Historically, gym-goers have been of the assumption that after a certain age, building muscle mass and strength becomes virtually impossible. But that myth may be busted as a new study suggests people as old as 90 can successfully build muscle, strength and mobility with a suitable weight training program.
The paper published in the International Journal of Sport Nutrition and Exercise Metabolism indicates you are never too old to start pumping iron, having found people in their 80s and 90s who hadn’t weight trained before showed significant gains after starting a supervised program of lifting weights three times a week.
The idea of the study stemmed from outdated views on older people and exercise as well as limited historical scientific data that often did not encompass those over 75.
In the study, researchers analysed 29 older men and women from the ages of 65 to over 85 who lived independently, had no debilitating illnesses and had never regularly weight trained before. Three times a week, participants completed a supervised basic full-body resistance routine using gym machines for 12 weeks, using weights set to as much as 80% of their full strength.
After three months, those aged over 85 saw an average of 11% increased muscle mass and 46% increase in strength – a higher result than those aged 65–75 who saw an average increase of 10% more muscle and 38% more strength.
Luc van Loon, human biology Professor at Maastricht University and senior author of the new study dismissed theories that older people can’t experience positive results to resistance training.
“It is often assumed that the oldest old, or, say, people past the age of 80, are less likely to be able to gain muscle mass and strength,” he told The Washington Post.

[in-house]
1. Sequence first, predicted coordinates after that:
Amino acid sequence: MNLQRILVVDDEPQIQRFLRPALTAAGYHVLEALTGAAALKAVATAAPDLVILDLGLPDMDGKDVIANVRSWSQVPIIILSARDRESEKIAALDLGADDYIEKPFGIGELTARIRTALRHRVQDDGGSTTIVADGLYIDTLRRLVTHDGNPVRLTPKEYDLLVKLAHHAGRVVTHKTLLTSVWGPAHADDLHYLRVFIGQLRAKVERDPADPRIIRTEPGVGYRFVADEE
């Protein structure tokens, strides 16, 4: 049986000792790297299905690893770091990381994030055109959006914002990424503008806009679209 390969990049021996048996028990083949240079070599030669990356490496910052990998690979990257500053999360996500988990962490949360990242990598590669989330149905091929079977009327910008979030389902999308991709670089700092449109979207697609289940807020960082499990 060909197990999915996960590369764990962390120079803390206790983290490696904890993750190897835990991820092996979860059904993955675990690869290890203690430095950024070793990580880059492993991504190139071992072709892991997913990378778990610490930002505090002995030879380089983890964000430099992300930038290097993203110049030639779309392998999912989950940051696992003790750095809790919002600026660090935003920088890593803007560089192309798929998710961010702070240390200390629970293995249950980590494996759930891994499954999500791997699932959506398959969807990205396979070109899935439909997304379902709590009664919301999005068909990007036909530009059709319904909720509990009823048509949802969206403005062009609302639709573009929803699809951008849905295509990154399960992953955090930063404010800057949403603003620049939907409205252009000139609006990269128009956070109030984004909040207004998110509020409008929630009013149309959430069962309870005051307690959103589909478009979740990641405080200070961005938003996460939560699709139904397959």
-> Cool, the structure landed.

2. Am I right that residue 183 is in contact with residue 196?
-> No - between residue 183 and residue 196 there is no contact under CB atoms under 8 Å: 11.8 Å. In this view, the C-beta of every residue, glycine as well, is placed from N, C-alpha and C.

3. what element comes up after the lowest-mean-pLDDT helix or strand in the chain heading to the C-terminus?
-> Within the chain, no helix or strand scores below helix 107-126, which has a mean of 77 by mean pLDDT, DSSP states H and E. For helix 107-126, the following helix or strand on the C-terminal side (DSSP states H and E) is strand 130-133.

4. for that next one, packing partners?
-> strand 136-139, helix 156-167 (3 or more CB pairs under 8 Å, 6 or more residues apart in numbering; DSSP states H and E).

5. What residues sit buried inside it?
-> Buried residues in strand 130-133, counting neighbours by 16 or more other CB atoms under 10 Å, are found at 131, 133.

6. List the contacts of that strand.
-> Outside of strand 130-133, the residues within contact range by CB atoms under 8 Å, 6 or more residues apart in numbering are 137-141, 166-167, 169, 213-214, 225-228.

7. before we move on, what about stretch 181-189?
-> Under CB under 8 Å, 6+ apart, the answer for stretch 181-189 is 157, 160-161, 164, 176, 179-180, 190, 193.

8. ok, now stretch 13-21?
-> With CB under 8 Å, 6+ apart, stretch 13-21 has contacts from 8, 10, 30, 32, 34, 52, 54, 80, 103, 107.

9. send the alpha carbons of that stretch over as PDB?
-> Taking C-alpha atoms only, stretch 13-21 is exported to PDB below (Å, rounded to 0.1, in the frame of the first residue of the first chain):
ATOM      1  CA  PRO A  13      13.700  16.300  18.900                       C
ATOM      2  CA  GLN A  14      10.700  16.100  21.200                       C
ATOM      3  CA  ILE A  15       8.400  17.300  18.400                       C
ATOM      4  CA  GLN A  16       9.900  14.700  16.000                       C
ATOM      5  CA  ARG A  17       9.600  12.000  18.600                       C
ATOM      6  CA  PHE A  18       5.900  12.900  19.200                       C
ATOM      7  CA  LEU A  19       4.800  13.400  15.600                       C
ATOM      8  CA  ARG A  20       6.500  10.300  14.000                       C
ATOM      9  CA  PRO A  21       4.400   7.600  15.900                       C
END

“Muscle tissue is constantly turning over as long as we live.”
One older person who can attest to the benefits of weight lifting and general gym-going is the World’s Oldest Bodybuilder, 91-year-old Jim Arrington.
Born premature and suffered from a variety of health conditions throughout his childhood, Mr Arrington decided to start hitting the gym as a teen to be strong like his favourite superheroes.
In a recent video by the Guinness World Records, Mr Arrington explained his keys to success and long-serving mobility was listening to his body and knowing when to change his training routine with age. He also swapped out the “old style” muscle-growing diet that is heavy on dairy and beef for one full of more anti-inflammatory foods.
“What works for a person at one time in their life isn’t the same. And that’s the whole thing about bodybuilding: it’s adaptation,” Mr Arrington told Men’s Health.
“I changed my diet entirely. I figured if I did that, I could continue training, and I could keep this thing up.”
Researchers who were a part of the recent study did flag some limitations. They suggested the oldest group of participants achieved greater gains in part because they had an extra decade of declining muscle size and strength compared to the younger lifters, thus starting from a lower baseline.
Also, as participants were of good health and were assisted and supervised, they pointed out that this level of assistance may not be achievable for all people – particularly those with poorer health.
If you are a person over 60 who is interested in starting weight training, it is important to talk to your doctor first to ensure it is safe for your health and mobility. Once you’ve got the all-clear, consider signing up with a physiotherapist or finding an age-appropriate gym program that can get you started.